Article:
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I've always been a bit of a name nerd. When I was a child, I did things like keep notebooks of my favorite names and attempt to bestow a name upon every single guppy in my father's large fish tank. These days, I get super-excited when the SSA list of the 1000 most popular baby names from the previous year comes out. Names are fun.
Names can also drive writers crazy. There's no denying that certain names have stereotypes and connotations. Like it or not, when most people hear/see the names Candi or Misti or other -i names, a rocket scientist is probably not the first image to come to mind. (Especially if the "i" is dotted with a little heart.) When I hear names like Simon and Oliver, my first impression is not one of a black leather jacket-wearing tattooed motorcycle enthusiast. And so on.
(Obviously, this is all suggestive, and mileage varies.)
For certain genres, I think it's important to be aware of trends. If I read a historical romance novel where the heroine is named Madison, I'm probably going to roll my eyes. The Aidan/Aiden/Ayden/Braden/Jaden/Hayden/-aden craze is going strong for little boys (and even some girls *twitch*), but my Eyebrow of Questioning might go up if I see one of those names on a 30-something-year-old man in a contemporary story.
All that's to say that character names can be rather important. A character's name can immediately give the reader an idea of what said character's personality is like; writers can either work with those tropes or defy them. (My hat goes off to those who will ironically write about a superhero named Bob Smith, or a hot young thang named Mildred who goes tearing up the nightclubs.) Sometimes the perfect name comes to me right away. Other times I struggle with finding a name that accurately captures a character I have in mind. Every now and then I say "screw it" and just go with the first thing that pops into my head. (This is why a very minor character near the end of Disintegration has the same name as my good friend's Phantasy Star Online character. What can I say, I'm shameless.)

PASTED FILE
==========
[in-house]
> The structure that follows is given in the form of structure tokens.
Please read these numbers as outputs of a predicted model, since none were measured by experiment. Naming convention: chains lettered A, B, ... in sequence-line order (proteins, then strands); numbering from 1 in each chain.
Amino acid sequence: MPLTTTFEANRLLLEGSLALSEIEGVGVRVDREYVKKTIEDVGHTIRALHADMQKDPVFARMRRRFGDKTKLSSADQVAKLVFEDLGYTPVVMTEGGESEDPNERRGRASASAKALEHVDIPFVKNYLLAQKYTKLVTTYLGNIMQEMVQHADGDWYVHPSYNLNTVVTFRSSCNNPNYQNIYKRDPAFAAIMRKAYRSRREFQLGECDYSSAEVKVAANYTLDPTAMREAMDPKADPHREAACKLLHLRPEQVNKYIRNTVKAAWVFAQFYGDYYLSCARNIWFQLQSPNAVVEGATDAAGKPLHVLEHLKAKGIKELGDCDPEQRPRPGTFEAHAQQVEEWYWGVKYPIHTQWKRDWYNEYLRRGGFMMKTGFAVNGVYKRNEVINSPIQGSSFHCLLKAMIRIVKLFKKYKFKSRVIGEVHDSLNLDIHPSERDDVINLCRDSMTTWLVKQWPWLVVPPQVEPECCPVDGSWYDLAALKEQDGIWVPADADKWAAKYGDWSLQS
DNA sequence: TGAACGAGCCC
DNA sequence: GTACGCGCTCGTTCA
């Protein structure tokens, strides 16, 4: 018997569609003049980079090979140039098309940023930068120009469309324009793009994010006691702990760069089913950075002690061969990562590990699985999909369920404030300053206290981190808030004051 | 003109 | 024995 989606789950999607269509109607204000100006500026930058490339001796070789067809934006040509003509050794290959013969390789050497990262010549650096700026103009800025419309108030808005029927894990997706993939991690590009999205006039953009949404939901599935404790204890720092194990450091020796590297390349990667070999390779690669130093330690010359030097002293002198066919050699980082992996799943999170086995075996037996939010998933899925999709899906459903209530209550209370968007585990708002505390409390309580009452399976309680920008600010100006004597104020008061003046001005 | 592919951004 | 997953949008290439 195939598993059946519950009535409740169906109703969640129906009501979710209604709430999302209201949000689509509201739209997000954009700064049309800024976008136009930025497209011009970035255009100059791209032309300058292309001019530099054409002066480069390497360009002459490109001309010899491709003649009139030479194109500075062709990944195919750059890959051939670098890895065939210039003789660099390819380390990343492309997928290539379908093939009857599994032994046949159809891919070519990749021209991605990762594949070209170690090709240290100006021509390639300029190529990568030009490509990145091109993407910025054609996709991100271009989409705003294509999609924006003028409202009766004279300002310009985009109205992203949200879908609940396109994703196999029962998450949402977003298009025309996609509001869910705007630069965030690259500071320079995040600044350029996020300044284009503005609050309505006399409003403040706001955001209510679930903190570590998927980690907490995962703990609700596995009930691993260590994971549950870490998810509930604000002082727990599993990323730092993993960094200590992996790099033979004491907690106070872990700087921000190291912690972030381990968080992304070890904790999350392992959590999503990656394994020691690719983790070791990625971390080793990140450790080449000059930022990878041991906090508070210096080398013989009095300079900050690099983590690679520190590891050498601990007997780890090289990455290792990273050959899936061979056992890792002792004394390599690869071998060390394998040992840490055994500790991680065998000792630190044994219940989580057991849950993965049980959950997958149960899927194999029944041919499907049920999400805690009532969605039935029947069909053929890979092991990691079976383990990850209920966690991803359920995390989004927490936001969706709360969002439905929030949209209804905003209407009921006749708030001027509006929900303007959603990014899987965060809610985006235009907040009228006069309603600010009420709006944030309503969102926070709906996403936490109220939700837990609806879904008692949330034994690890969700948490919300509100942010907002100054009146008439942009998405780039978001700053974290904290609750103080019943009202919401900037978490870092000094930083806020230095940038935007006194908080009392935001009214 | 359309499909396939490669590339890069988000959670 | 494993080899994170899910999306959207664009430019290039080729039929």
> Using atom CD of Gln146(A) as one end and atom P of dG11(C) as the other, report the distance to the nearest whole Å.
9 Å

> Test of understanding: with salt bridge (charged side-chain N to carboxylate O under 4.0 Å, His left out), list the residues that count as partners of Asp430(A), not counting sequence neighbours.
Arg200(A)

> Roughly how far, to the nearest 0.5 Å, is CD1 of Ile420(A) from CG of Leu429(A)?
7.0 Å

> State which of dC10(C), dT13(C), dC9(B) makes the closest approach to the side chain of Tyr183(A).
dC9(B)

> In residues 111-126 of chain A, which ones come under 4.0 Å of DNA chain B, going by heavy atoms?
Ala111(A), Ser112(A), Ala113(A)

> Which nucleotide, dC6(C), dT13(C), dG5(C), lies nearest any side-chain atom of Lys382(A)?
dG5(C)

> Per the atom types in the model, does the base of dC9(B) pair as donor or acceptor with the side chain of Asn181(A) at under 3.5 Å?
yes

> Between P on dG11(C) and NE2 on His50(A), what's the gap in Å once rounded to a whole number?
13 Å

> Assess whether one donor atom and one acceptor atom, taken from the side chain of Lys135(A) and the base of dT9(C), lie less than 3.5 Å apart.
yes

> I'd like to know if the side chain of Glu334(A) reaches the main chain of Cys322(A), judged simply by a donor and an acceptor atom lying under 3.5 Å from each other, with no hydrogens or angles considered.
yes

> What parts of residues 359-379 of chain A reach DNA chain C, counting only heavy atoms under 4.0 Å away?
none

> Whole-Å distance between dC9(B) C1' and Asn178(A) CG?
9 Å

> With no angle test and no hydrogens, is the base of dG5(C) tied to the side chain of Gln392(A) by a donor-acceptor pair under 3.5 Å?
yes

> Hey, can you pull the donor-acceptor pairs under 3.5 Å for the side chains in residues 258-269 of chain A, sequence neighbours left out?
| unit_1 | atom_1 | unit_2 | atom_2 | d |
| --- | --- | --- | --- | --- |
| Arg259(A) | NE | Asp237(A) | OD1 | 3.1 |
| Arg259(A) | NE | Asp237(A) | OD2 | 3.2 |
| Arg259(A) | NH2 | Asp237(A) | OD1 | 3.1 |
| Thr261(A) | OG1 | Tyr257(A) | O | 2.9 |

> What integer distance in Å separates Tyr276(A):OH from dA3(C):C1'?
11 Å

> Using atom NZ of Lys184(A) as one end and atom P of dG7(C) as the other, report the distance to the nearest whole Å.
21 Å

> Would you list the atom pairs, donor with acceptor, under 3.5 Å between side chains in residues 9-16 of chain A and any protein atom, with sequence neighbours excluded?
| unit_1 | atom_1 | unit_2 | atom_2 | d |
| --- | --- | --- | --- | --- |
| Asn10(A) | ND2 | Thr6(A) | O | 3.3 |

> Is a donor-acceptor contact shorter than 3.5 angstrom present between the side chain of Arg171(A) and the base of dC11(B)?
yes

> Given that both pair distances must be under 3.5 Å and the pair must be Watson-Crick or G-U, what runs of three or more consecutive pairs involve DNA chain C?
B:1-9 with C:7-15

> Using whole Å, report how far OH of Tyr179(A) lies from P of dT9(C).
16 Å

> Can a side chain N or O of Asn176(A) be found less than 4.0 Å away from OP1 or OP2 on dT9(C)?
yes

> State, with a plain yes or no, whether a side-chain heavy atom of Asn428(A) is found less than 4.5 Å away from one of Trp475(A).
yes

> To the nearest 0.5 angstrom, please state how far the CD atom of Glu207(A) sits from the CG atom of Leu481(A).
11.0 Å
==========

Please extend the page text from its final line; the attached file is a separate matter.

In Disintegration, there are three significant women in the main character's life, and I wanted their names to highlight the differences. His wife Meyta (and daughter Lilia) are supposed to represent compassion, femininity, and innocence, hence the definitively feminine -a names. In contrast, Ro (who was originally named Rose when I was first thinking about this book, but I didn't know if I wanted to go with the whole "desert rose" thing) is more of an outspoken tomboy who has a wild and carefree streak, so she gets a (nick)name that is not as substantial and definitely less frilly. For Tanith, one of the main antagonists, I wanted a strong name that, again, wasn't as overtly feminine as the others. Some of the contenders for that character were Charis, Tamsyn, and Iris.
Some writers would probably argue that overthinking names is a waste of time, and I'm not going to say they're wrong. If you write a well-developed, interesting character, I guess it shouldn't really matter if he's Bob Smith or Bartholomew Aloysius Chillingsworth III. However, I bet those two names gave you much different impressions, right?
(I still hate naming fictional places, by the way.)